His Holiness the Dalai Lama:
"In general, the teachings of the Buddha are composed of scriptures and realizations. The way in which these two are upheld is through study and practice.
Buddhism is a training of the mind. An effect on the mind will never take place by force, but only voluntarily, on the basis of reason. Faith has an important role in mental transformation, but from a Buddhist point of view it must be faith based on conviction. Conviction, in turn, is based on understanding gained through investigation and analysis. Therefore, the study of the vast Buddhist scriptures is very essential. However, just as it is important to have a comprehensive understanding of the entire spectrum of the Buddha's path, it is equally important to integrate it into one's practice so that one takes the essence of these texts.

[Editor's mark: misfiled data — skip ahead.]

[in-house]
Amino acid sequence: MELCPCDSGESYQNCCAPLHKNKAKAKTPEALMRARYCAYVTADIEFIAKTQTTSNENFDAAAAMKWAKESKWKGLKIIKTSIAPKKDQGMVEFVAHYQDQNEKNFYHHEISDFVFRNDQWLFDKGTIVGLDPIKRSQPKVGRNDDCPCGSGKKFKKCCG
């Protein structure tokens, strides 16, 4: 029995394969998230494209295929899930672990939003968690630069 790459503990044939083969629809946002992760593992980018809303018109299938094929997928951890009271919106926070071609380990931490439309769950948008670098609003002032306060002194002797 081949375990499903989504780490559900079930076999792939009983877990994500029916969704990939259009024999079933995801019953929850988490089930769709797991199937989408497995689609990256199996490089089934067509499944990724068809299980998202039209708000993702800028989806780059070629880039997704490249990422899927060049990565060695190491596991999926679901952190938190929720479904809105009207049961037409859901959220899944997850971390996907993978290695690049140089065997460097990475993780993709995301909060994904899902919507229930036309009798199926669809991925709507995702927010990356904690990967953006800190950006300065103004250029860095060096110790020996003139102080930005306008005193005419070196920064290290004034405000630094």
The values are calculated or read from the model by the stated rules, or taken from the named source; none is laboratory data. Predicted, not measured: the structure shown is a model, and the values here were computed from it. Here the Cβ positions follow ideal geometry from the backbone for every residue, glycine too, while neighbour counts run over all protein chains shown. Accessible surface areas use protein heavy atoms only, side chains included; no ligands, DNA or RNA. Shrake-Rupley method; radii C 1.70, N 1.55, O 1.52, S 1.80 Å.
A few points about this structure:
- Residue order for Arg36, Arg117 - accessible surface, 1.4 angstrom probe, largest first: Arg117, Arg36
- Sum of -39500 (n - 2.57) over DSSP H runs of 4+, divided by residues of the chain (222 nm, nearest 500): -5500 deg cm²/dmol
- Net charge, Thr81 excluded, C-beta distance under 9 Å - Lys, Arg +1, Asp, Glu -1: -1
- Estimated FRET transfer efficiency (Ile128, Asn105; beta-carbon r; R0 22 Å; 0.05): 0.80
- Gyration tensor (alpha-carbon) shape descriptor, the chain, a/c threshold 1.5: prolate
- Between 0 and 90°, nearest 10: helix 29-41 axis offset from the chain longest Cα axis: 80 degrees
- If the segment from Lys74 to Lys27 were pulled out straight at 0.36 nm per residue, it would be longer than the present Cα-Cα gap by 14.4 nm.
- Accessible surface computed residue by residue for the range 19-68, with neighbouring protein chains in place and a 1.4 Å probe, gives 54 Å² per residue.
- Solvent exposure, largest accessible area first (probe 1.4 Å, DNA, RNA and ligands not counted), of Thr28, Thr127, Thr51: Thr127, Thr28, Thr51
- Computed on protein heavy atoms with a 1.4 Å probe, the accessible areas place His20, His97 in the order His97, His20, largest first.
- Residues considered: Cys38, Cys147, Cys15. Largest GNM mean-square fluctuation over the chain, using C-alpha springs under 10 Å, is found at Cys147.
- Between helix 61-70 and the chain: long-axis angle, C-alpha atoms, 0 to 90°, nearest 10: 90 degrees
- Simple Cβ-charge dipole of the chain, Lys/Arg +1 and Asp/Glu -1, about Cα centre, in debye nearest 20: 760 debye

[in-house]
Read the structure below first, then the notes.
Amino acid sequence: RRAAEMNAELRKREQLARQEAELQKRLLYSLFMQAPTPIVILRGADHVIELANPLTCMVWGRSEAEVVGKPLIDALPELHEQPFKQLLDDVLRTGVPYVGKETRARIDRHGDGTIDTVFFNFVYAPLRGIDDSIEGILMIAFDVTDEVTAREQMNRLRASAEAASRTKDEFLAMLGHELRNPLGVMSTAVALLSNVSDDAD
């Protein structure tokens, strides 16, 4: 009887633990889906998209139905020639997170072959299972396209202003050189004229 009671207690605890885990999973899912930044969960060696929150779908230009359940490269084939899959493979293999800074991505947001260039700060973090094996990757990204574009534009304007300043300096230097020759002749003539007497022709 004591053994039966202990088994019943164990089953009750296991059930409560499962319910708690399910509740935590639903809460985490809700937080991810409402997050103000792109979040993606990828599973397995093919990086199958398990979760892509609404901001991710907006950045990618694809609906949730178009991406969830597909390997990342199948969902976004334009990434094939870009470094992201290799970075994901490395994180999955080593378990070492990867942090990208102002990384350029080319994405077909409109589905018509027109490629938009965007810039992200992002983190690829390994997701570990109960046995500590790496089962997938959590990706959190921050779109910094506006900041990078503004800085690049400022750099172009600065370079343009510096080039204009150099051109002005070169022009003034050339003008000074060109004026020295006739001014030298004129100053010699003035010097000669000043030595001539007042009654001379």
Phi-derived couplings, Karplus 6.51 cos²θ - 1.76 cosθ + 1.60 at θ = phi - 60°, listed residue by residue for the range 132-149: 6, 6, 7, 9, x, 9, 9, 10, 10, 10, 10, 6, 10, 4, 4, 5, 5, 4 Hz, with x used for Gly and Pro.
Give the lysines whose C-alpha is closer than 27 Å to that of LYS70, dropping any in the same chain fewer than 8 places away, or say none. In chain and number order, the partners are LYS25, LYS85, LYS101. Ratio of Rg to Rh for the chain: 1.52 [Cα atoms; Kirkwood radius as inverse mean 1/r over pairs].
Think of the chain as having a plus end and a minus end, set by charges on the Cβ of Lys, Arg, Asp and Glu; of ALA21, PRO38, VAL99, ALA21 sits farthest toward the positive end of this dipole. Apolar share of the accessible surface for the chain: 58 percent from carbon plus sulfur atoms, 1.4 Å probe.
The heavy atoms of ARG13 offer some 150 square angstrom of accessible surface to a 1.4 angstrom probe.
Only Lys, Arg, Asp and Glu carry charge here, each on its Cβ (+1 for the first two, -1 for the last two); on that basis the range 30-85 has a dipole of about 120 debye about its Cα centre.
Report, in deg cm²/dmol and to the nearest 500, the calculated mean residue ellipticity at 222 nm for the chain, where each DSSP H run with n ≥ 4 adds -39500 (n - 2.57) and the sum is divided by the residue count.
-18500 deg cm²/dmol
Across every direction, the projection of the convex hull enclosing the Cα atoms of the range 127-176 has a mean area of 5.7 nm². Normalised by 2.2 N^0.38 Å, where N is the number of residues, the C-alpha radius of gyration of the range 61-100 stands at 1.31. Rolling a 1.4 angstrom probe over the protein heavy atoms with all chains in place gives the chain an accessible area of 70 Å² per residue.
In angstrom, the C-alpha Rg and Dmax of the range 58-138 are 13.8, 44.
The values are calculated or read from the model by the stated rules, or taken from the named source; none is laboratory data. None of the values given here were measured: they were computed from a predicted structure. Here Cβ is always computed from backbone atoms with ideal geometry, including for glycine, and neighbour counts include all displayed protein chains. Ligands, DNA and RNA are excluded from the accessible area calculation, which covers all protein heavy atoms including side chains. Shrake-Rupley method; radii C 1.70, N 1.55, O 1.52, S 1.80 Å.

I think that a particular piece of advice from the Kadampa master Dromtonpa is very useful. He said: “When I engage in study, also contemplation and meditation are present right there and then. When I meditate, also study and contemplation are present. When I contemplate, also study and meditation are present.” It is important to have a combination of all three, study, contemplation, and meditation, because otherwise there is a danger of falling into, as one Tibetan said, being a logician whose mind is completely hardened by rational thinking and who is so difficult to tame that even if Buddha himself were to appear to him, he would fail to tame him."
QUESTIONS AND ANSWERS WITH HIS HOLINESS THE DALAI LAMA
16 May 1999